Kennedy, James (Lynching of)

James Kennedy was a white man lynched in Dallas County in 1866, apparently for his open Unionist leanings. His murder shows the risks that many people who had allied with the Union during the Civil War faced in parts of Arkansas in the immediate postwar period, when pro-Confederate vigilantes perpetrated with impunity a number of assassinations and attacks under the guise of lawfulness. The August 3, 1866, lynching of forty-four-year-old James Kennedy and other men made news in the August 10, 1866, Little Rock Daily Gazette (under which name the Arkansas Gazette then operated) as follows: “We learn from a reliable source that on Wednesday night last a party of ten or twelve men went to the residence of James …

Kennedy, John

John Kennedy was a Union artilleryman who won a Medal of Honor for gallantry in the 1864 Battle of Trevilian Station in Virginia. He spent the last part of his life in Arkansas and is buried in Oakland and Fraternal Cemetery in Little Rock (Pulaski County). John Kennedy was born on May 14, 1834, in County Cavan, Ireland. Immigrating to the United States, he enlisted in the Second U.S. Artillery, Battery M, on December 16, 1857, at Philadelphia, Pennsylvania, committing to a five-year term of service. Kennedy had served during the 1858 Utah Expedition before the Civil War began and was involved in many actions with Battery M in the Eastern Theater during the Civil War. Kennedy and the Second …

Kennedy, Jon

Jon Kennedy served as a political cartoonist for the Arkansas Democrat from 1941 to 1943 and again from 1946 to 1988, totaling nearly fifty years, one of the longest employments with a single newspaper in the nation. Kennedy was Arkansas’s first full-time professional newspaper artist, and his cartoons highlighted Arkansas and world topics, won numerous awards, and were featured in national newspapers including the New York Times. Jon Kennedy was born on August 19, 1918, in Springfield, Missouri, to Brownlow Kennedy, who was a telegraph operator for the railroad, and Ida Kennedy, who was a homemaker. At age seventeen, and while still in high school, he began working as an artist for the Springfield Leader Press, where he was employed …

Keohane, Nannerl Overholser

Nannerl Overholser Keohane has been a leader in American higher education, first as president of Wellesley College and then as president of Duke University. Both symbolically, as a pioneering female leader, and substantively in the way she shaped the direction of those two institutions, Keohane has had a major impact on the college and university landscape into the twenty-first century. Nannerl Overholser was born on September 18, 1940, in Blytheville (Mississippi County). The daughter of Grace Overholser and James Overholser, who was a Presbyterian minister, she was the oldest of three children and was named after Wolfgang Amadeus Mozart’s sister. The family relocated several times during her childhood, both to Texas and to South Carolina, as well as a stint in …

Kessinger, Donald Euleon (Don)

Donald Eulon Kessinger played major league baseball for sixteen years in the 1960s and 1970s, mostly for the Chicago Cubs. He is also the only Arkansan to have both played in and managed in the major leagues, leading the Chicago White Sox for more than half a season in 1979. Don Kessinger was born in Forrest City (St. Francis County) on July 17, 1942, one of three children of Howard and Ida Kessinger. His father owned and operated Kessinger’s Grocery in Forrest City, and his mother owned a women’s clothing store called Kessinger’s. As a high school athlete in Forrest City, he excelled in four sports: baseball, basketball (in which he earned all-state honors three years), football (in which he …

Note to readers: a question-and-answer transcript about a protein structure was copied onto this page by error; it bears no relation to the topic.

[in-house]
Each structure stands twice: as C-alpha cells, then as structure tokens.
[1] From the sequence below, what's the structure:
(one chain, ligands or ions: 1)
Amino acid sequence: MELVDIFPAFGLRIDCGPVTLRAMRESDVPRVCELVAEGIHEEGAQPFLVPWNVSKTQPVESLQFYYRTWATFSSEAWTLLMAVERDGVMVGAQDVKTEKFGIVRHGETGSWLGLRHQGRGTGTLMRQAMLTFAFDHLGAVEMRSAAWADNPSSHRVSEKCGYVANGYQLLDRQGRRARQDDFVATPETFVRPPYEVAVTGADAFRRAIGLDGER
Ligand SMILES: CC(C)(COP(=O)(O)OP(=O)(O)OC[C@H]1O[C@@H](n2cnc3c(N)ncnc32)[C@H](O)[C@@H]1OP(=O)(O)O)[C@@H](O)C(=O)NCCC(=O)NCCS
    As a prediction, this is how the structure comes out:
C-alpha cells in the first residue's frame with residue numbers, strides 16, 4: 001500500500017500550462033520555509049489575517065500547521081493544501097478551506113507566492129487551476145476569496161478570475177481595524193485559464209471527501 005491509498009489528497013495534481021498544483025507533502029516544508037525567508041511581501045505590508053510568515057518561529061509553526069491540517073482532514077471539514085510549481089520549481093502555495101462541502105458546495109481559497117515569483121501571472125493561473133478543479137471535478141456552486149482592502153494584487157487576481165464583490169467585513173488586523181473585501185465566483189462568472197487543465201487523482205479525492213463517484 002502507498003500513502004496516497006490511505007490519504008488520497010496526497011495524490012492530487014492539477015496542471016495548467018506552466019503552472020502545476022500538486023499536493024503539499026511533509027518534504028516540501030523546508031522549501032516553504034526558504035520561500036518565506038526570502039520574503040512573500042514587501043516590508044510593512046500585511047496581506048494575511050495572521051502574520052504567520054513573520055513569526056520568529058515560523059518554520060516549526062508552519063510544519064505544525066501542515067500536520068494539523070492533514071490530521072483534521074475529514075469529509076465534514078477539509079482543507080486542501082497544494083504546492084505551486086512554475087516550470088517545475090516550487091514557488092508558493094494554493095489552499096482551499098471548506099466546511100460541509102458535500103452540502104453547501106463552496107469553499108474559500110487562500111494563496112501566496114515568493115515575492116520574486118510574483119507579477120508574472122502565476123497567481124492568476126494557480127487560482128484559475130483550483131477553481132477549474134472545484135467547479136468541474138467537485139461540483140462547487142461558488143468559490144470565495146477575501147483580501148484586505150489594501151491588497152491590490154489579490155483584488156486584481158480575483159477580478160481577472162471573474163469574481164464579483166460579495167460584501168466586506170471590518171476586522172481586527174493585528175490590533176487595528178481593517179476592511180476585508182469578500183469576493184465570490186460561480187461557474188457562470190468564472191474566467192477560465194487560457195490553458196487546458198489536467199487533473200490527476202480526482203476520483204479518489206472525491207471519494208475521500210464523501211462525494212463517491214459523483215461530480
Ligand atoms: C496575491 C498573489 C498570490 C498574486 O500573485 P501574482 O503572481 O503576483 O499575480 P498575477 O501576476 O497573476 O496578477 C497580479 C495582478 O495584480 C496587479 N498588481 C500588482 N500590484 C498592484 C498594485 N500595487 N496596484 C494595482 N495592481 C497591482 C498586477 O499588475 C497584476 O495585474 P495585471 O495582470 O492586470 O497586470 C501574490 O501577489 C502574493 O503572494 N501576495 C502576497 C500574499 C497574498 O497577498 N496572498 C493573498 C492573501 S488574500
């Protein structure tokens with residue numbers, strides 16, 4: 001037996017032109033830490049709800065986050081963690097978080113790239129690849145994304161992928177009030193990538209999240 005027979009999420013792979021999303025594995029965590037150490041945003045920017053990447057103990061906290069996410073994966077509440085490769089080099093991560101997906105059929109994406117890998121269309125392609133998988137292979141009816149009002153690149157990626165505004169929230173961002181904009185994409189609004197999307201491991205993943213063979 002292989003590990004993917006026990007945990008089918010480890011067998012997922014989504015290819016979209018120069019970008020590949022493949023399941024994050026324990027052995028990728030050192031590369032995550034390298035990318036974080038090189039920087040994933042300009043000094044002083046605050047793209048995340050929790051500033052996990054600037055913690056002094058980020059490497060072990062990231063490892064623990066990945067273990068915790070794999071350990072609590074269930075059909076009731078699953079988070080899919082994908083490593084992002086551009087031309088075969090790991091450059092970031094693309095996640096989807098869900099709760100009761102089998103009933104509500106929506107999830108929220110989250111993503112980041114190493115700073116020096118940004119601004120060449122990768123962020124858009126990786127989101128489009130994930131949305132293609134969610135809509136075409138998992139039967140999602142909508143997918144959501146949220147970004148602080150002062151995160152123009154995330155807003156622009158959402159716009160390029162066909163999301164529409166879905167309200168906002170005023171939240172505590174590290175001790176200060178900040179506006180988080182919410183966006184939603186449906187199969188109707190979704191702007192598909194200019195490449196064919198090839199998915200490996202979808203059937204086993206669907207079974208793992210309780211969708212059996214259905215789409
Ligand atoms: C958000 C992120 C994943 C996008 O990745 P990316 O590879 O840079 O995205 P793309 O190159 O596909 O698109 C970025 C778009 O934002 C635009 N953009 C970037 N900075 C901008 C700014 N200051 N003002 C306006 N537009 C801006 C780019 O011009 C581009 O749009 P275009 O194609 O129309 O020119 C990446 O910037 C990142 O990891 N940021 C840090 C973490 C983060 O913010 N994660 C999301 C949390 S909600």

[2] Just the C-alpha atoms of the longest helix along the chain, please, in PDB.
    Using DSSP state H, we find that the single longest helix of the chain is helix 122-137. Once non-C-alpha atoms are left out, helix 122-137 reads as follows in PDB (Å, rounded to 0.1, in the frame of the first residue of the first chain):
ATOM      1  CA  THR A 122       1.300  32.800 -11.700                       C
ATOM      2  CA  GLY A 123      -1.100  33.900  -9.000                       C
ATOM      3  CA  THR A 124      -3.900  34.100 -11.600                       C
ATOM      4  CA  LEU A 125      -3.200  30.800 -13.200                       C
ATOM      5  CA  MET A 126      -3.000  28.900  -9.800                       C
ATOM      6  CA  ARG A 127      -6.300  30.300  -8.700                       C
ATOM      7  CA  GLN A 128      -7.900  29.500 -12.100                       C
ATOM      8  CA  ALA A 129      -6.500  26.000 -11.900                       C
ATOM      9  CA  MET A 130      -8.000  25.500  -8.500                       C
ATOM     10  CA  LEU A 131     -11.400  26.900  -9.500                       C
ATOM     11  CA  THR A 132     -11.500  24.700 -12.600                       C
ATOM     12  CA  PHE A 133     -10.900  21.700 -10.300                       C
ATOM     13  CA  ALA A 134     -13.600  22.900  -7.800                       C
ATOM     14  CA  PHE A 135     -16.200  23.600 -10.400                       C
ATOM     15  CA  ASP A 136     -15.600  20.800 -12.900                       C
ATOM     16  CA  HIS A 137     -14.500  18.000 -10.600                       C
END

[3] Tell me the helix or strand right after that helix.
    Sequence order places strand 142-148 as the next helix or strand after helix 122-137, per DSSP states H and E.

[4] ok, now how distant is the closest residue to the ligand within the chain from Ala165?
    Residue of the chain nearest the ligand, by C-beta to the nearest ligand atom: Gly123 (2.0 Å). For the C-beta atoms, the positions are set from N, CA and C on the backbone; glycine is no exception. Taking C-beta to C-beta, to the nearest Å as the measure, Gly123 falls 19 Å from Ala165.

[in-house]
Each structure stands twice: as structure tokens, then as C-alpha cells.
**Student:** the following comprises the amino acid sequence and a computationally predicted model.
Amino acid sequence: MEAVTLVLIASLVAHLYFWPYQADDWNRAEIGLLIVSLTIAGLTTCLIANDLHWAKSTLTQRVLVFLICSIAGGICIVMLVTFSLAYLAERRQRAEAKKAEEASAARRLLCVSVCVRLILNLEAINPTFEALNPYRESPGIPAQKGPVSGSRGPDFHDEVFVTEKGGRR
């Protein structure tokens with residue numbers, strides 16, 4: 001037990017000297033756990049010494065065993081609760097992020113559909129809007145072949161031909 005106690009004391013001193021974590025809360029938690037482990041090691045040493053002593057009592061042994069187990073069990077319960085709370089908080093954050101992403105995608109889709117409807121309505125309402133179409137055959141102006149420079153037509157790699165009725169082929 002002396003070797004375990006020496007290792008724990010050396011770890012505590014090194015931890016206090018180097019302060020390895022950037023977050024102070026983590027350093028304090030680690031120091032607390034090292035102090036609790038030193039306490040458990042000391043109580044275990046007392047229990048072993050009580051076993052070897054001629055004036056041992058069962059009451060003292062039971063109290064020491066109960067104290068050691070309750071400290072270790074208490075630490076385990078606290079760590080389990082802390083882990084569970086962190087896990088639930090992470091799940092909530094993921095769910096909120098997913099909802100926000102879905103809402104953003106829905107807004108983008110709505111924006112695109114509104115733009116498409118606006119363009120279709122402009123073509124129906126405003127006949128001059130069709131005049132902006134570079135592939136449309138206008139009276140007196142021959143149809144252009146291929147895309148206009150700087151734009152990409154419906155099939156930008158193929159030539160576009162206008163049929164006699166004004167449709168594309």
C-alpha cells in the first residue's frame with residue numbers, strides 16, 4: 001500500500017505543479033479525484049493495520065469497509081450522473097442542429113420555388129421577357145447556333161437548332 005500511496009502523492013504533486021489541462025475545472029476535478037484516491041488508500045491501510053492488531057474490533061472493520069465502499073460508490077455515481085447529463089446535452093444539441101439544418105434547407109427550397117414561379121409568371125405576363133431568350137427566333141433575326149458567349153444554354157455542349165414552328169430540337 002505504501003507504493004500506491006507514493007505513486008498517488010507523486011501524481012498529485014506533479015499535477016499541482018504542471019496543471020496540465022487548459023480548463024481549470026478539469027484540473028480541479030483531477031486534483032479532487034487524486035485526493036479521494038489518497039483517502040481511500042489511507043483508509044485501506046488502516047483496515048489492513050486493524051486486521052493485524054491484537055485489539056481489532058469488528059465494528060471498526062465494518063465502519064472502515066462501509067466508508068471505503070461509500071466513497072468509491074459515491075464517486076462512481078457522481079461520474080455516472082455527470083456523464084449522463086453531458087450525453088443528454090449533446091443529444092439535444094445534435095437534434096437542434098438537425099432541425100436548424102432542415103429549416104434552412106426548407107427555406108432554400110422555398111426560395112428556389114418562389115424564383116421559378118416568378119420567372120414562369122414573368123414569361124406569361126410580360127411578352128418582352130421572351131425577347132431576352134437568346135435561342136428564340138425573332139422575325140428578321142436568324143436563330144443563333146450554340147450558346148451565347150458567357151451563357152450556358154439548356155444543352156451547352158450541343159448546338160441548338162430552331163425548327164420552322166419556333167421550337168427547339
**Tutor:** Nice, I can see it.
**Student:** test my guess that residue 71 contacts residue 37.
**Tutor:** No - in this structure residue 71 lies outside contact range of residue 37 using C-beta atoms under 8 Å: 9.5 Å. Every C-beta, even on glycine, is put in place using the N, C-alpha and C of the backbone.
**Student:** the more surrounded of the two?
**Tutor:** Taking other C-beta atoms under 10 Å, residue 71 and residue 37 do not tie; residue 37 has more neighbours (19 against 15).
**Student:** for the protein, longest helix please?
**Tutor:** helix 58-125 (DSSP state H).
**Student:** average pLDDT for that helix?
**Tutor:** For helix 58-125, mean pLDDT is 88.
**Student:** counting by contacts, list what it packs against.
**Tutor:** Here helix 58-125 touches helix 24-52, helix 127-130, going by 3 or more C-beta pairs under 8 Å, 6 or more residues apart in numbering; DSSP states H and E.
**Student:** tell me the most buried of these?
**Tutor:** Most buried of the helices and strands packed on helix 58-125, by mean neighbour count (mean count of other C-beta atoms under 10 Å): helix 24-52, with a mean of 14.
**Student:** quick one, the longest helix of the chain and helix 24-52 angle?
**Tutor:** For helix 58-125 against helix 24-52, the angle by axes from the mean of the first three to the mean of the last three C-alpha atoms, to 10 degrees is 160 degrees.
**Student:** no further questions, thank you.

Kidd, Sue

Sue Kidd was a female baseball star who gained local fame for the athletic prowess she displayed while playing on and against all-male baseball teams in Van Buren County and surrounding areas. Glenna Sue Kidd was born in Choctaw (Van Buren County) on September 2, 1933, to William Marvin Kidd and Julia Duncan Kidd, local farmers and merchants, though her father also served as postmaster at Choctaw. She had five siblings. The original community of Choctaw was covered by water when Greers Ferry Lake was filled in the 1960s. That community is now referred to as “old Choctaw,” as opposed to the present community of “new Choctaw” located on state Highway 65. As a student at Clinton High School, Kidd …

Kilgore, Andrew

Andrew Wilson Kilgore is a Fayetteville (Washington County) photographer best known for his arresting black-and-white portraits, primarily of fellow Arkansans set against a plain backdrop. By his own estimation, Kilgore photographed more than 30,000 people in Arkansas between early 1971 and late 2011. Andrew Kilgore was born on November 2, 1940, in Charlottesville, Virginia. He was the second of three children born to Bill and Carolyn Kilgore, both natives of Washington DC. Kilgore’s family moved several times when he was a child, first relocating to the Chicago, Illinois, suburb of Aurora shortly after World War II and then to El Paso, Texas, in 1956. Kilgore cites his time as a teenager along the Texas border as the period of his …